Rutte visits Dutch military personnel in Lithuania

Dutch military personnel in Lithuania received a visit from Prime Minister Mark Rutte today. He not only visited the Baltic state, but also Poland in order to talk to members of both governments about the situation in Ukraine. Rutte thanked the Dutch servicemen and women for their “important contribution in these exceptional times.”

Enlarge image Premier Rutte praat met militairen.
Prime Minister Mark Rutte visited the enhanced Forward Presence.

The Prime Minister visited the enhanced Forward Presence (eFP) troops based in the area. The Dutch soldiers gave several demonstrations of operations in built-up areas on the training ground in Pabrade.

Afterwards, Rutte engaged in conversation with the soldiers. He showed interest in, among other things, their equipment and the circumstances in which they work. The Prime Minister remarked on the high level of training among Dutch military personnel and said he was "very proud” of their work. He went on to say that the soldiers' work has now become “very serious”.

The Netherlands has taken part in the eFP in Lithuania since 2017. The Dutch contribution concerns around 270 military personnel. The mandate will remain in force until at least the end of 2024.

The Netherlands will deploy a maximum of 350 military personnel from the middle of this year. The focus is on military exercises in an international context in order to stand strong together against all possible threats.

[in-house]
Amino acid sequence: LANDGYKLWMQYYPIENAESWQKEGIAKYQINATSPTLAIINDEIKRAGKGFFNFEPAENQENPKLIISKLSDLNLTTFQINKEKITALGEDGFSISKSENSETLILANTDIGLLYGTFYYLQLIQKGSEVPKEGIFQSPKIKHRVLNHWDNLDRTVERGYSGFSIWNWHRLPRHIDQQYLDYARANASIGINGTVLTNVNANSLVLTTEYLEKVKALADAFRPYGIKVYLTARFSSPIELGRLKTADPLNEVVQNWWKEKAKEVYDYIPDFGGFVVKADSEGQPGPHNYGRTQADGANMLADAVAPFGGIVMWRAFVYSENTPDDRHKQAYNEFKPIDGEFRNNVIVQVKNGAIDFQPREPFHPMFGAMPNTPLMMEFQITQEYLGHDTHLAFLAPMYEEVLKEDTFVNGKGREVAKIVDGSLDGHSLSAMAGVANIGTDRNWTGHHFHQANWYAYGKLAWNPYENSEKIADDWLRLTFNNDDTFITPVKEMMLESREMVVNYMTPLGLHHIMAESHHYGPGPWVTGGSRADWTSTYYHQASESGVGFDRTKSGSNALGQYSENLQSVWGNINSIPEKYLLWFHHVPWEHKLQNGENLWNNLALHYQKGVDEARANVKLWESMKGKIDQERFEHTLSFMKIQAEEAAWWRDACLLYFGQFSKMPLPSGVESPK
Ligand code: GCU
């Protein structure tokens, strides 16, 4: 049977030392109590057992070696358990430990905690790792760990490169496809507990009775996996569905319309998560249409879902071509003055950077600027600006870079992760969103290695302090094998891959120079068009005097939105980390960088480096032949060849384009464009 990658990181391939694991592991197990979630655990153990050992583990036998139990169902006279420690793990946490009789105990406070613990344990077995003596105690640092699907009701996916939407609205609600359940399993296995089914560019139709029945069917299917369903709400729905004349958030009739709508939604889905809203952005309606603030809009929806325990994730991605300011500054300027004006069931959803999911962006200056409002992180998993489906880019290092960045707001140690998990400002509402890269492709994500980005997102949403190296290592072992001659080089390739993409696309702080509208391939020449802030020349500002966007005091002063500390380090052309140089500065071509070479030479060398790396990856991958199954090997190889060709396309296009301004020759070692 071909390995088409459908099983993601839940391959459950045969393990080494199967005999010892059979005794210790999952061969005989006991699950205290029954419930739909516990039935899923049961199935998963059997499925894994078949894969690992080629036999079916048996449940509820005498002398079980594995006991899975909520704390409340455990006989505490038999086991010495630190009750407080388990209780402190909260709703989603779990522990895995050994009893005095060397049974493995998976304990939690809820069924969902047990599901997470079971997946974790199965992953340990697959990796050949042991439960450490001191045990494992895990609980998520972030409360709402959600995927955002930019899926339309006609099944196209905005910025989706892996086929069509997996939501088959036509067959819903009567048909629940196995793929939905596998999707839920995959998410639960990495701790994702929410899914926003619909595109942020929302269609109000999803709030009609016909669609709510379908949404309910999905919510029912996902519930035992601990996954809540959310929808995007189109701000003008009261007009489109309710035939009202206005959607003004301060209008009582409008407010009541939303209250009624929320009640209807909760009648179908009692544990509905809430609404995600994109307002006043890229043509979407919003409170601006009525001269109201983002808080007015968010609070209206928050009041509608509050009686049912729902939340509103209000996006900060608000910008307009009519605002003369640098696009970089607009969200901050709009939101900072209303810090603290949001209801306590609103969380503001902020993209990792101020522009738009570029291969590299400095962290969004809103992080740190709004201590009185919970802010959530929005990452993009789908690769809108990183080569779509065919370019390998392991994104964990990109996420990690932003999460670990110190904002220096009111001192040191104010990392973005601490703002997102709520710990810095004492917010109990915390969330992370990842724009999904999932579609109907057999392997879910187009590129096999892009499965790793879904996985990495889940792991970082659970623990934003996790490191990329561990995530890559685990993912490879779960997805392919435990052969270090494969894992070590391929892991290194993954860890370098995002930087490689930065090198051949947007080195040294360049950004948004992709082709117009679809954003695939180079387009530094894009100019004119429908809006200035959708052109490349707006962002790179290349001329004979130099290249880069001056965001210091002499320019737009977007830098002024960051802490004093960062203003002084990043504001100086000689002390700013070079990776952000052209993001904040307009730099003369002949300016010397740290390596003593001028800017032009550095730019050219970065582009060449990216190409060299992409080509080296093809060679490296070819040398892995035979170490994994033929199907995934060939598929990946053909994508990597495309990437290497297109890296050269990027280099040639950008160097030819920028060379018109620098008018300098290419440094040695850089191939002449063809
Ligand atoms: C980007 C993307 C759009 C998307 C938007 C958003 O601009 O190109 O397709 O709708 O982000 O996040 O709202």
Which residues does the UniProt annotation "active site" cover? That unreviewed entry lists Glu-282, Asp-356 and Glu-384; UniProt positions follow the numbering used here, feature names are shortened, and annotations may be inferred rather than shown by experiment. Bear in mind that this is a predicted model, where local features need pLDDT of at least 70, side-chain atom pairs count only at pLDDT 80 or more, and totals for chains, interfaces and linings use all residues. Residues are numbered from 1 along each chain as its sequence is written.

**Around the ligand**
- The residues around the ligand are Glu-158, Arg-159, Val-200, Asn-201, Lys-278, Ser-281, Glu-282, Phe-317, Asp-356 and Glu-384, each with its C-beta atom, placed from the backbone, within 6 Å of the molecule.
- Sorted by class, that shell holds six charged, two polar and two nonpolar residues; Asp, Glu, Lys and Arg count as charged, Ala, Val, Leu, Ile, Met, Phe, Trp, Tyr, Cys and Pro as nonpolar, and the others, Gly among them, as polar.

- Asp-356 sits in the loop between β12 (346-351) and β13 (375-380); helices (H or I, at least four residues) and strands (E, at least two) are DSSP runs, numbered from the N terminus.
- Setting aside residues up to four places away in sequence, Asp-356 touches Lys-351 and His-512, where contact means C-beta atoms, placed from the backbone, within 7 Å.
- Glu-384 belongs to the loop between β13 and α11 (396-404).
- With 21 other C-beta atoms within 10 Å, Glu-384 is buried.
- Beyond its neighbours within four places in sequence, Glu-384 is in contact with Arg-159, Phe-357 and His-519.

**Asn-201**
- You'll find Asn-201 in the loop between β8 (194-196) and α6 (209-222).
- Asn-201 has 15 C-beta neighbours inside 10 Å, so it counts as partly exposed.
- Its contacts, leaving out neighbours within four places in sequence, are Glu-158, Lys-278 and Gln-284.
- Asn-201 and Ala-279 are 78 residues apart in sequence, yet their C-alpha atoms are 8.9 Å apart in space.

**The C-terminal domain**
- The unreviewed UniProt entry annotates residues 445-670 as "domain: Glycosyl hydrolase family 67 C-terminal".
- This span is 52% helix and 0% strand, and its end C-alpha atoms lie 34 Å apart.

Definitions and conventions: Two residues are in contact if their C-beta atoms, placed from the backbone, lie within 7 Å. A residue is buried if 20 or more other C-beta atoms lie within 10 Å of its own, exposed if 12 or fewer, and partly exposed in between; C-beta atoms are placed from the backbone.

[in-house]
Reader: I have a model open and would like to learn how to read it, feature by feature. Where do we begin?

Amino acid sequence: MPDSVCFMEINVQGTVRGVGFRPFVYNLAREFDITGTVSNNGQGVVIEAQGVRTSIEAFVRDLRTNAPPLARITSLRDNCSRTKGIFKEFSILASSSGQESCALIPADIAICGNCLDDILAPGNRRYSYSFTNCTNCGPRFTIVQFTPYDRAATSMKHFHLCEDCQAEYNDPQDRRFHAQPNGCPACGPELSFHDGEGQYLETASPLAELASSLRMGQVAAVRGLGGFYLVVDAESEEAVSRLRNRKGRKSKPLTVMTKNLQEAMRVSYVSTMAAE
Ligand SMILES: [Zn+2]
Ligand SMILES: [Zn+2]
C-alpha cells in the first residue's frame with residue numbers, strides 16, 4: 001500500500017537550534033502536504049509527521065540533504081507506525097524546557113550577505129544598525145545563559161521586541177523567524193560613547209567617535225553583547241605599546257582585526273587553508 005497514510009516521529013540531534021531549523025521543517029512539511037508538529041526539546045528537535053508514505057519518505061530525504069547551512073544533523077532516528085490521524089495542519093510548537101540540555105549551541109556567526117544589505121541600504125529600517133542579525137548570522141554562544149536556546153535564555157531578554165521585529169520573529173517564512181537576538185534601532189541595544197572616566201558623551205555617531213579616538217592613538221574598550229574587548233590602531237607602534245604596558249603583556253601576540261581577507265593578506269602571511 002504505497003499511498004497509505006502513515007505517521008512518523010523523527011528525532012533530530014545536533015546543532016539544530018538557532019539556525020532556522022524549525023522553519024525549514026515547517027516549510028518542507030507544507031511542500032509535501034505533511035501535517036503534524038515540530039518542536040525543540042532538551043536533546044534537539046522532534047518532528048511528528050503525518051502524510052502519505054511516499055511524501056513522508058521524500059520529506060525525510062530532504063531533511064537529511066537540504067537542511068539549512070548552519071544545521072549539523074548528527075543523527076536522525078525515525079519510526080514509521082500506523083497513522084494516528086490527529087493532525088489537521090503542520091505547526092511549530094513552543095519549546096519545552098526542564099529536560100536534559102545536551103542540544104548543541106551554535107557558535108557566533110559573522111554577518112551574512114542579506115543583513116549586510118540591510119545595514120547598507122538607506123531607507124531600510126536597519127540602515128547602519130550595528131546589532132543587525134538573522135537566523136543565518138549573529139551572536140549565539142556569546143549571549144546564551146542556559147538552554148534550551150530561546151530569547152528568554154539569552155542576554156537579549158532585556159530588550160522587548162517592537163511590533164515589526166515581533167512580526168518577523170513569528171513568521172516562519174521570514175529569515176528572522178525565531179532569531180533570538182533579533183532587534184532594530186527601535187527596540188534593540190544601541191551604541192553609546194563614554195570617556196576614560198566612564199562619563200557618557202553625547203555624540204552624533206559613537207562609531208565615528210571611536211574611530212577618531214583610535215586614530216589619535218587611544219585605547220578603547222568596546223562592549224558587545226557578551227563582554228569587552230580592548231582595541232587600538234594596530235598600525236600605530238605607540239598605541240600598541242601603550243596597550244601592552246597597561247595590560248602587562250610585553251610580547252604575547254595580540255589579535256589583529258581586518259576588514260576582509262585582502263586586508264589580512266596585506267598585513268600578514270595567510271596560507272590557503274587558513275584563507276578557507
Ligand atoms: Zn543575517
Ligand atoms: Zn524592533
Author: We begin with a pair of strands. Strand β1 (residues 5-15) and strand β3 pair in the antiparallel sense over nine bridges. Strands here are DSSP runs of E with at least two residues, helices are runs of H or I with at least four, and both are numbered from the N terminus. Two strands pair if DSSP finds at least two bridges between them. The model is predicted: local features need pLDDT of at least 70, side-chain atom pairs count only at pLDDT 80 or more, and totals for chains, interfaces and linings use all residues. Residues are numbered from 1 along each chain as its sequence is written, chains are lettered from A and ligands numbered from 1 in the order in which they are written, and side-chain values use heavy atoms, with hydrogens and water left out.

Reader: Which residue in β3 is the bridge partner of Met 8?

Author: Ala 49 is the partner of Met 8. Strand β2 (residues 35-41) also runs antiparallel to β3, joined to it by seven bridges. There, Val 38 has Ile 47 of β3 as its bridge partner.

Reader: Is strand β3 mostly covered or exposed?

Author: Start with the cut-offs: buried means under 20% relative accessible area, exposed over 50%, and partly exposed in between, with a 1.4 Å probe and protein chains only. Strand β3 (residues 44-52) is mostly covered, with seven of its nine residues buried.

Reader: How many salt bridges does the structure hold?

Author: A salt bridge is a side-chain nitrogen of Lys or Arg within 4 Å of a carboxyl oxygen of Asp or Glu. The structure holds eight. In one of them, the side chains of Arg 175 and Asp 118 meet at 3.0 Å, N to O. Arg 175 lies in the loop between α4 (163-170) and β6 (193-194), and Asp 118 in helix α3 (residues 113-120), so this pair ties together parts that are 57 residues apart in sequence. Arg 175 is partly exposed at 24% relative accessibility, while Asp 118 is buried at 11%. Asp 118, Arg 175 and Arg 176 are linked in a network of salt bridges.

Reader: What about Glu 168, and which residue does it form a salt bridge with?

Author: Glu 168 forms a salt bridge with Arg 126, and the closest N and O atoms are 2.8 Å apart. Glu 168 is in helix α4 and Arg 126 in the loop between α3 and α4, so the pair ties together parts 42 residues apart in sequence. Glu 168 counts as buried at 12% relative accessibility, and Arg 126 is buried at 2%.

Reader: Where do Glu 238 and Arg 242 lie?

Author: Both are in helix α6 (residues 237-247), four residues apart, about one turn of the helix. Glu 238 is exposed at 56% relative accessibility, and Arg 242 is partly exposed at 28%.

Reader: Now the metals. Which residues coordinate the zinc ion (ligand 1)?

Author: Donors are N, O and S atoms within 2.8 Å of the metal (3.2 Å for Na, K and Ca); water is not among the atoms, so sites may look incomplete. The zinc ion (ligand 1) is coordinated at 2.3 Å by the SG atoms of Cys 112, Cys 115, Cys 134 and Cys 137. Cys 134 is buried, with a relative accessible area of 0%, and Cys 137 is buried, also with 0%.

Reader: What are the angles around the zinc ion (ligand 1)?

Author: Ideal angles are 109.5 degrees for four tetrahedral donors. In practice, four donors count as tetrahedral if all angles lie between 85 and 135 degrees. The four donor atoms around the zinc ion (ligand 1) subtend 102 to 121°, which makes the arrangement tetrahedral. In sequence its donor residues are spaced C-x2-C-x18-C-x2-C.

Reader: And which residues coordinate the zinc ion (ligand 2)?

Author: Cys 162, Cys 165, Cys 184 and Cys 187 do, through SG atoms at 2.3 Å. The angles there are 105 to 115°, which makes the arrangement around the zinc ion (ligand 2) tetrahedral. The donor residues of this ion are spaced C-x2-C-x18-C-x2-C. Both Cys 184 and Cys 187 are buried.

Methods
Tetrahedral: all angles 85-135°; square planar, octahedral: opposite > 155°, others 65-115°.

Enlarge image Premier Rutte praat met militairen.
Rutte engaged in conversation with the soldiers.

Prime Minister and Defence minister attend summit

With the visits to Lithuania and Poland, the Prime Minister is preparing for the NATO and EU summits that are planned for later this week. Minister of Defence Kajsa Ollongren will accompany him to the NATO summit.

Lithuania and Poland play an important role when it comes to the war in Ukraine. They are both NATO and EU members on the eastern flank of NATO territory, directly bordering Russia (Kaliningrad) and the Republic of Belarus. Poland also shares a border with Ukraine. Approximately two million refugees have arrived in Poland since the start of the war.